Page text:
Some types of bugs do not require a whole screen record to be clearly reported. Take the Translation Feedbacks as an example: recording the whole flow is pointless if you only need to highlight a single word or sentence.
When I started testing and I encountered any of those bugs, I hitted Print Screen, opened any image editor, pasted the printed screen, edited it to highlight the bug, and only then I was able to submit it.
But, what if the image editor was embedded on the Print Screen function? That is the premise of Lightshot! And it does it well, you can run it even on low-end devices without noticing any impact on the overall performance. Spotted a bug? I only need to hit the Print Screen button and the Lightshot is activated. You have then to select the area, no need to crop the image afterwards. At this moment, two tool boxes will open.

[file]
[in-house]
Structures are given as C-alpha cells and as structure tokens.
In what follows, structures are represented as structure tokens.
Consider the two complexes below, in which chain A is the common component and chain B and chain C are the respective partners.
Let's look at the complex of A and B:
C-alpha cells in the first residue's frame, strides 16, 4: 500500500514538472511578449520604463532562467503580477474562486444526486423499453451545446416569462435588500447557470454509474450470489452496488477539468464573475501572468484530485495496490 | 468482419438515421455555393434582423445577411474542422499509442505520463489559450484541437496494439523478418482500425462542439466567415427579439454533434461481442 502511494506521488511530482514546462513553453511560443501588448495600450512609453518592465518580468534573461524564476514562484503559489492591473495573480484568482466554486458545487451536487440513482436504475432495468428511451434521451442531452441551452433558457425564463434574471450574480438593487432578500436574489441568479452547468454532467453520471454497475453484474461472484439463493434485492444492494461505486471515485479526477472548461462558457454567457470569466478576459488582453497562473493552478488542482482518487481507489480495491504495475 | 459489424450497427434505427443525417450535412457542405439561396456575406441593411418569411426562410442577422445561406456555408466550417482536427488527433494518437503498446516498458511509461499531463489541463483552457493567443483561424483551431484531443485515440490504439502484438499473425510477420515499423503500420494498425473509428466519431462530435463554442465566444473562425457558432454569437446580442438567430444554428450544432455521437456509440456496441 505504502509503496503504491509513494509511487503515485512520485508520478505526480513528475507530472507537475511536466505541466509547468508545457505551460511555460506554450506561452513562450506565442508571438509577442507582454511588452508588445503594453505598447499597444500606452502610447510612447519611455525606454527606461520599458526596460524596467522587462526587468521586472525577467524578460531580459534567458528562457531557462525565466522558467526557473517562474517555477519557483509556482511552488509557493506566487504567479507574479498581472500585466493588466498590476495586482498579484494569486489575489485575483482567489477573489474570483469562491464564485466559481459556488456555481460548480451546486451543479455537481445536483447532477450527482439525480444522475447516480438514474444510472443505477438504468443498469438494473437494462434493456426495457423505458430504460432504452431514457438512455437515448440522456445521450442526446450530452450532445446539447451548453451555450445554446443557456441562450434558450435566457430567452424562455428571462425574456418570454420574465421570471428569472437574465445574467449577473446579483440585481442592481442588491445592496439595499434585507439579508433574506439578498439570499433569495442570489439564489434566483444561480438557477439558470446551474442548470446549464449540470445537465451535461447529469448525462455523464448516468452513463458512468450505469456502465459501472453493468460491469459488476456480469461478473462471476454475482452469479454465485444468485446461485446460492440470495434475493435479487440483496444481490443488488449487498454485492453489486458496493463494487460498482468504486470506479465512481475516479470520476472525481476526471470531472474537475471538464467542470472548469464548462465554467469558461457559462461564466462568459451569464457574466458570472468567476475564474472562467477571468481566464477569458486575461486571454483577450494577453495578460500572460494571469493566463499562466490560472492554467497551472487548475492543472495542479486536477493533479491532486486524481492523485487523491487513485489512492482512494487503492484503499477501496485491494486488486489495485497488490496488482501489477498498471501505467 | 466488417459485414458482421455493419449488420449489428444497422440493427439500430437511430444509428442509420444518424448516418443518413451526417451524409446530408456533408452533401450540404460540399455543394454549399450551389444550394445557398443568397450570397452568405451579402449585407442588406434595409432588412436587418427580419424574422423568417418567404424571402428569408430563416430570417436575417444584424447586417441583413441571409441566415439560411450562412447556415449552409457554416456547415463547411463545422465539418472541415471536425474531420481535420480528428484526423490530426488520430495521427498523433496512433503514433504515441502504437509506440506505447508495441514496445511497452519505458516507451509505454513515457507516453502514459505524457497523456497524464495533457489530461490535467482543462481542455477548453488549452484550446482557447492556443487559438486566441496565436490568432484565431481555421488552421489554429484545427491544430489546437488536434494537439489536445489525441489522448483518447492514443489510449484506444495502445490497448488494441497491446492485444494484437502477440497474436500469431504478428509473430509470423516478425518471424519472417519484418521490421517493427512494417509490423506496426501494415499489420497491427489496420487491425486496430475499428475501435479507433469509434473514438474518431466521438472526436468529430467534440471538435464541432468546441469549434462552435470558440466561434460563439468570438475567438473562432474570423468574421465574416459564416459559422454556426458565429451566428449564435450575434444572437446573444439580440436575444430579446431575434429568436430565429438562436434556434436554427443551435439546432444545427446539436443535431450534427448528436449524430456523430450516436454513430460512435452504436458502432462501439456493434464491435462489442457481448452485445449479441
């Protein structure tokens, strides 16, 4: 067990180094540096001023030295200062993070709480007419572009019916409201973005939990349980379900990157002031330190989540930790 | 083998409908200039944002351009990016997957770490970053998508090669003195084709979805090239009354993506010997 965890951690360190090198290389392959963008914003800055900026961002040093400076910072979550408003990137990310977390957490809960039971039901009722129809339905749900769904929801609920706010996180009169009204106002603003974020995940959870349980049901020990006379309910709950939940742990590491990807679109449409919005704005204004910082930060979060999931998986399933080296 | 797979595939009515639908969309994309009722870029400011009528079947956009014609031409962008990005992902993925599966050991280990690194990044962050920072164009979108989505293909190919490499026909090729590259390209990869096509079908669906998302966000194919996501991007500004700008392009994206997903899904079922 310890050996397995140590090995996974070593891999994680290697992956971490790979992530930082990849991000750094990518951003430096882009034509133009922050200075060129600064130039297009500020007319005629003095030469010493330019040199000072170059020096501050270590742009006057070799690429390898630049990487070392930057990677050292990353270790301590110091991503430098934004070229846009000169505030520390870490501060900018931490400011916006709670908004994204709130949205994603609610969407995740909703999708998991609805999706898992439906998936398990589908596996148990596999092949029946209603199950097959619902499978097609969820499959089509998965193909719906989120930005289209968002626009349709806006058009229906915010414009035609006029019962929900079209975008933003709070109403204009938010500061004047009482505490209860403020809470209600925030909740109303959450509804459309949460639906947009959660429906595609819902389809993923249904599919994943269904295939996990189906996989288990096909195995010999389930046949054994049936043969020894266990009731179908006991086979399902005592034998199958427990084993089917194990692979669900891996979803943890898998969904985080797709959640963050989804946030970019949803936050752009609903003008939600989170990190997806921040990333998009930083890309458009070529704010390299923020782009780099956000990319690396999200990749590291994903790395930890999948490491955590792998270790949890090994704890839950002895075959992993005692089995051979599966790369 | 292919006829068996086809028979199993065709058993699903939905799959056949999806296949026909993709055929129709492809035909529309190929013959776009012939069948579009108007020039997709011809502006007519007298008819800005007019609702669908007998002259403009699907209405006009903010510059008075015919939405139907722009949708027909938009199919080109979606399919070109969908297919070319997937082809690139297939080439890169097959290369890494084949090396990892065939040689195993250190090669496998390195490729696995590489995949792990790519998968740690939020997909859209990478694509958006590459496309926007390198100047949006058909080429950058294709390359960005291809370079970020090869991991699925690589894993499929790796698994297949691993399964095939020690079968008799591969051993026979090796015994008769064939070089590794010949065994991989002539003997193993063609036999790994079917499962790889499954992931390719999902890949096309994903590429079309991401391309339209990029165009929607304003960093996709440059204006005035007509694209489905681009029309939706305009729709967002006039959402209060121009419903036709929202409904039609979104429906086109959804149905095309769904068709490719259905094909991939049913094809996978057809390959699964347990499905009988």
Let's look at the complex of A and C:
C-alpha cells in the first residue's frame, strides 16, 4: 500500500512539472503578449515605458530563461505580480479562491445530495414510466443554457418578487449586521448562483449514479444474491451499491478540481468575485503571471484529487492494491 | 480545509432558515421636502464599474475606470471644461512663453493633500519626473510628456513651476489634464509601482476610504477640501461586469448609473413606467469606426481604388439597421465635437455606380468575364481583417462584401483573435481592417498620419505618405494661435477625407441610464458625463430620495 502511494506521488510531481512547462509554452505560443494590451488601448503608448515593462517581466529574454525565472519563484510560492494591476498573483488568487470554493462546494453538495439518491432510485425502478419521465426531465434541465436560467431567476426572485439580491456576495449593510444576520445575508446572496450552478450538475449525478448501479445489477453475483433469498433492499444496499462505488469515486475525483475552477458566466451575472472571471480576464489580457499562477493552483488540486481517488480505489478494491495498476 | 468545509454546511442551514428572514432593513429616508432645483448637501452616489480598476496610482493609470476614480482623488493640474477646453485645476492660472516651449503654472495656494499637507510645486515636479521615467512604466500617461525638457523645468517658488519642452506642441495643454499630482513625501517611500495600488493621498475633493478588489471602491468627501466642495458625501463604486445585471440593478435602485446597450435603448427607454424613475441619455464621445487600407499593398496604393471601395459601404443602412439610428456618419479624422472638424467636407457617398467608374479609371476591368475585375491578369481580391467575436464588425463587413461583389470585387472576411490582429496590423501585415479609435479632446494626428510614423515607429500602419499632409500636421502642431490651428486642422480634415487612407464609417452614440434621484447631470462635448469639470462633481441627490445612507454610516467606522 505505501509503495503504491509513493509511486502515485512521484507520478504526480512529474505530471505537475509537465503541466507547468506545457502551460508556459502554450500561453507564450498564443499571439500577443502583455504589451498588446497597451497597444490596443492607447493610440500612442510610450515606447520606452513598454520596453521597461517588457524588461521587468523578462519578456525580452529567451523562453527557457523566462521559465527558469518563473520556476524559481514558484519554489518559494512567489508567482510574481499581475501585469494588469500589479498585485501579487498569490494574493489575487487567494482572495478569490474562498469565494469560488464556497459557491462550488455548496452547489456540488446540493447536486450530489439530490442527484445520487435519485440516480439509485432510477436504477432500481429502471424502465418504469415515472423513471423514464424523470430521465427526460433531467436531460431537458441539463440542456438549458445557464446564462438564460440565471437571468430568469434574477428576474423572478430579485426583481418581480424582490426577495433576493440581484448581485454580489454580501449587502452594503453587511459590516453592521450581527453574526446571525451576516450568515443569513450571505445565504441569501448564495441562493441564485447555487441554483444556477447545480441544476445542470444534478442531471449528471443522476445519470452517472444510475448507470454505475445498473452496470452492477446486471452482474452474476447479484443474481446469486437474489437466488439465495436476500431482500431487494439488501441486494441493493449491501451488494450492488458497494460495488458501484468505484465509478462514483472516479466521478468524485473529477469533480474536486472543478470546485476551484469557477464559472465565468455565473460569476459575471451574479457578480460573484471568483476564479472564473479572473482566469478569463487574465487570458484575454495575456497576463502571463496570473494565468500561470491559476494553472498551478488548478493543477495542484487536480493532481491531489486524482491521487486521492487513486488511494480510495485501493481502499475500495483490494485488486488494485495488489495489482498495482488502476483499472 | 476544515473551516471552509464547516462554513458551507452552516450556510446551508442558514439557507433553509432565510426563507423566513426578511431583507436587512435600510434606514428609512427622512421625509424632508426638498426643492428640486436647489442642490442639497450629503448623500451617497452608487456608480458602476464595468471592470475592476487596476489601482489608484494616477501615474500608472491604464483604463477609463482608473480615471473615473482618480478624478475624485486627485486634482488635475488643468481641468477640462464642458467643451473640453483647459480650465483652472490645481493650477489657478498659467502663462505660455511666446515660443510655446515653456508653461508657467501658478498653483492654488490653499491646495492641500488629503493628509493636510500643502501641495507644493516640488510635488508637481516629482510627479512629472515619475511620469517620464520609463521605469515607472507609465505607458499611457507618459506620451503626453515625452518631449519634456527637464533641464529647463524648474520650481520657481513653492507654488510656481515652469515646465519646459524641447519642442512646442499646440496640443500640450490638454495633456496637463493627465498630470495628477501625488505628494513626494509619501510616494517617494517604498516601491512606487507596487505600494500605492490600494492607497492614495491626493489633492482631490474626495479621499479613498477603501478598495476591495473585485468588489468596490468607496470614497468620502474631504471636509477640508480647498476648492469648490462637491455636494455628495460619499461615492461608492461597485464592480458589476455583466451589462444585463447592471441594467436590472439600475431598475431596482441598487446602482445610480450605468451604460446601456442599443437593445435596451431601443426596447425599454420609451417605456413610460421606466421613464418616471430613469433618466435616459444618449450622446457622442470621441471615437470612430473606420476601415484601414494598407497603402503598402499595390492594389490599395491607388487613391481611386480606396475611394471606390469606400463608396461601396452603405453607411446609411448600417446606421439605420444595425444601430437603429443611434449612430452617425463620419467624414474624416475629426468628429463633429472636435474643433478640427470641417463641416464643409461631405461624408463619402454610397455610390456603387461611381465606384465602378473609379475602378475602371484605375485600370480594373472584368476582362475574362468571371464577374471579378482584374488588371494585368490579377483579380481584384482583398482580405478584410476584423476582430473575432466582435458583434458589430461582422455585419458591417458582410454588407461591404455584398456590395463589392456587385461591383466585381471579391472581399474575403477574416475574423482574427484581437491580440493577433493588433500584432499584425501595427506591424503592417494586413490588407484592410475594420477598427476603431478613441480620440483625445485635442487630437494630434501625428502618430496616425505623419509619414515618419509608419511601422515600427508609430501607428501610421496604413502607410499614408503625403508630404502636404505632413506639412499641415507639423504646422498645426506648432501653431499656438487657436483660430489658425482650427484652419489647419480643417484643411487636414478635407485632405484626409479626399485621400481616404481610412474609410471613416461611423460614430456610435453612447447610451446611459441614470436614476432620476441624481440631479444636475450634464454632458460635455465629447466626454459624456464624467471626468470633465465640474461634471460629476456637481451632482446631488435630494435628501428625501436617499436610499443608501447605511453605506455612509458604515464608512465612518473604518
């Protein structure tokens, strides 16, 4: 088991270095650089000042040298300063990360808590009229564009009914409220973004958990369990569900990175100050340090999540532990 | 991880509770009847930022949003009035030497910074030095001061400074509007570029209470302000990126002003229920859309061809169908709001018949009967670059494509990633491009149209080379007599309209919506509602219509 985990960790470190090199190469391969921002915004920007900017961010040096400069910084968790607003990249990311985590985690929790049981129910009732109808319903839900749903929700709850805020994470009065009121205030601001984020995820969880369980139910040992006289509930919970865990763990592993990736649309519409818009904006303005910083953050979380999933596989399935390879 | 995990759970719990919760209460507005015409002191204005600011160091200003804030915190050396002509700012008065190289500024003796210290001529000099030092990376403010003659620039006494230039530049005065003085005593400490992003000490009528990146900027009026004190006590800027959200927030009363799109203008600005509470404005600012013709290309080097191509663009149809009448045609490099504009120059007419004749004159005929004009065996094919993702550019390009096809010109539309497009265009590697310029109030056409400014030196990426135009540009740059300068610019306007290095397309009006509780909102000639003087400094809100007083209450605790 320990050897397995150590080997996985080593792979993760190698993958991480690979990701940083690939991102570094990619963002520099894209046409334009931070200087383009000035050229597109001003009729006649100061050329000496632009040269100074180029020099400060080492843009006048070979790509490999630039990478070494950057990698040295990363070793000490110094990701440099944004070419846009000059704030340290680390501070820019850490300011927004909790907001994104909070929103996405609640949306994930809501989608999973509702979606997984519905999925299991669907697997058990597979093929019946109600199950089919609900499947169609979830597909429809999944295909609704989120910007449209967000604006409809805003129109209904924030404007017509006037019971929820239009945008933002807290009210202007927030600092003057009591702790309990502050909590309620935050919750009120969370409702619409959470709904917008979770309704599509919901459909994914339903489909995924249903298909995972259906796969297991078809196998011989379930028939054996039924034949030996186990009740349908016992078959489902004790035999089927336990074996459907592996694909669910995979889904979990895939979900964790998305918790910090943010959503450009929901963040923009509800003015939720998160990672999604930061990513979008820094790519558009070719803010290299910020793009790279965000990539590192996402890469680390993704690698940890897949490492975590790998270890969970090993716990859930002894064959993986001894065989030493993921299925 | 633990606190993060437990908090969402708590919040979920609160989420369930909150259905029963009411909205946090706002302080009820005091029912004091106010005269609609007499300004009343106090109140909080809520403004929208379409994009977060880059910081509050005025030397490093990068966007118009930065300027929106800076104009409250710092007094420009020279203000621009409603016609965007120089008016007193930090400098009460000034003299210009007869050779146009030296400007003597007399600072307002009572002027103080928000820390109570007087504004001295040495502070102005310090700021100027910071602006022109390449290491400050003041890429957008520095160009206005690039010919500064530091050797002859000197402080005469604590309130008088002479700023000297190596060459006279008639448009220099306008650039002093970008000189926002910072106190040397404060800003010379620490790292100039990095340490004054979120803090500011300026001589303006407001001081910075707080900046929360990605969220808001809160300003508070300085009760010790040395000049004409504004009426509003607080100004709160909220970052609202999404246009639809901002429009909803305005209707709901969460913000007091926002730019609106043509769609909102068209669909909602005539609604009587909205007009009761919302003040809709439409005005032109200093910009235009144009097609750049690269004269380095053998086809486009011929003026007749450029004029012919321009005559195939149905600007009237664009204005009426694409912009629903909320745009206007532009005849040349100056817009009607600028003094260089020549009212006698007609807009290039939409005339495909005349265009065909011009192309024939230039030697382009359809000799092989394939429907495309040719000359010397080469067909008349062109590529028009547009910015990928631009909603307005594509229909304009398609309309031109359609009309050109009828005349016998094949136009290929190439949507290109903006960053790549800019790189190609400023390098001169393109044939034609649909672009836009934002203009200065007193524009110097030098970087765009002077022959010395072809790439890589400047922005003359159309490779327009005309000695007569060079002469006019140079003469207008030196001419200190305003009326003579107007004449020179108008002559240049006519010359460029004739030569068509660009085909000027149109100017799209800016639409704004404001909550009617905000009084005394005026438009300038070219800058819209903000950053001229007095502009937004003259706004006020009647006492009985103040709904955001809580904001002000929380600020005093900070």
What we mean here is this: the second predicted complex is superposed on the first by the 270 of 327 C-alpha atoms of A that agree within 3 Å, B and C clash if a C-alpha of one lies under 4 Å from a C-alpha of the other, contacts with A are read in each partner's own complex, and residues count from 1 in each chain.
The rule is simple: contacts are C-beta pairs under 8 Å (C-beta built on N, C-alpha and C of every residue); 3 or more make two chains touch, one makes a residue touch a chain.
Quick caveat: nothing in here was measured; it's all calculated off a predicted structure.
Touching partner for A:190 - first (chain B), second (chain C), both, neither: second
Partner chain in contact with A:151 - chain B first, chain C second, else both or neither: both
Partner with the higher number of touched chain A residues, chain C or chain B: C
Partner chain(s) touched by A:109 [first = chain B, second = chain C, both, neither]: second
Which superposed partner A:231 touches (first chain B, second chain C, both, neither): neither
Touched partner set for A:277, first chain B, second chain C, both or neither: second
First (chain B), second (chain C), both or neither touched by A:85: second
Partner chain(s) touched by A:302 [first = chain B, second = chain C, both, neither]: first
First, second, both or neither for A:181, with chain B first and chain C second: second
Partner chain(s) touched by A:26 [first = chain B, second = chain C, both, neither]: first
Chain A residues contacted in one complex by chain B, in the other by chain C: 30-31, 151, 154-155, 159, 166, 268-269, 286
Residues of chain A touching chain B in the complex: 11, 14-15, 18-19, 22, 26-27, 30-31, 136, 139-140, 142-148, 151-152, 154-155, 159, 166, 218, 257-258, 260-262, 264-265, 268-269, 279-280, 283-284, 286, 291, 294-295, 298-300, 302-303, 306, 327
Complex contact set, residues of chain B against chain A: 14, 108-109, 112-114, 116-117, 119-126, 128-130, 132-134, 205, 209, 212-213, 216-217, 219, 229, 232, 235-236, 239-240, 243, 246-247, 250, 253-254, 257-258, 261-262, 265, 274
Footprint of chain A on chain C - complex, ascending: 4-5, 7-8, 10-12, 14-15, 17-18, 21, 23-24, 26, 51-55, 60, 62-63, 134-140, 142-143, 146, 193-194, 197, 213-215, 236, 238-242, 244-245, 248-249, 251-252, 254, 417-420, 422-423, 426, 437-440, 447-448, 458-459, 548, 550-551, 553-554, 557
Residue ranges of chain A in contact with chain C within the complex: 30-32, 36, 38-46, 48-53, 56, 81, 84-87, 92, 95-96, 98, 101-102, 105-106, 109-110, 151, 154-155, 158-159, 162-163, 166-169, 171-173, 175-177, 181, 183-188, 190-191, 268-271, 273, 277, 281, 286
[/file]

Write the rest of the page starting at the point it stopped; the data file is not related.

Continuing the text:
The vertical tool box is meant for editing. You can add text boxes, arrows, lines and rectangles, or you freely draw them by hand with the pen tool. But do not expect a full design tool with layers, shades and magical wands – you can change the color and that’s all. It is enough to highlight any bug that you find along the way, though.
The horizontal tool box is used for saving. Here you may not only be able to copy the printed image with edits, but you can also save them in a local directory, share in social media, and even perform a reverse image search on Google. For testing, saving the image will be enough. If you prefer to go through the flow as fast as possible without long pauses, you may be interested in saving the images without edits and use a third party app to highlight the bug later.
OBS Studio and Lightshot are only two available tools to make us more productive as testers, not only to have more time to dedicate to bug hunting, but also to create reports with higher quality. There are several other tools that can be used, with additional features like mouse highlighter. If you have any remarks, let us know in the comment section below.
Happy testing you all!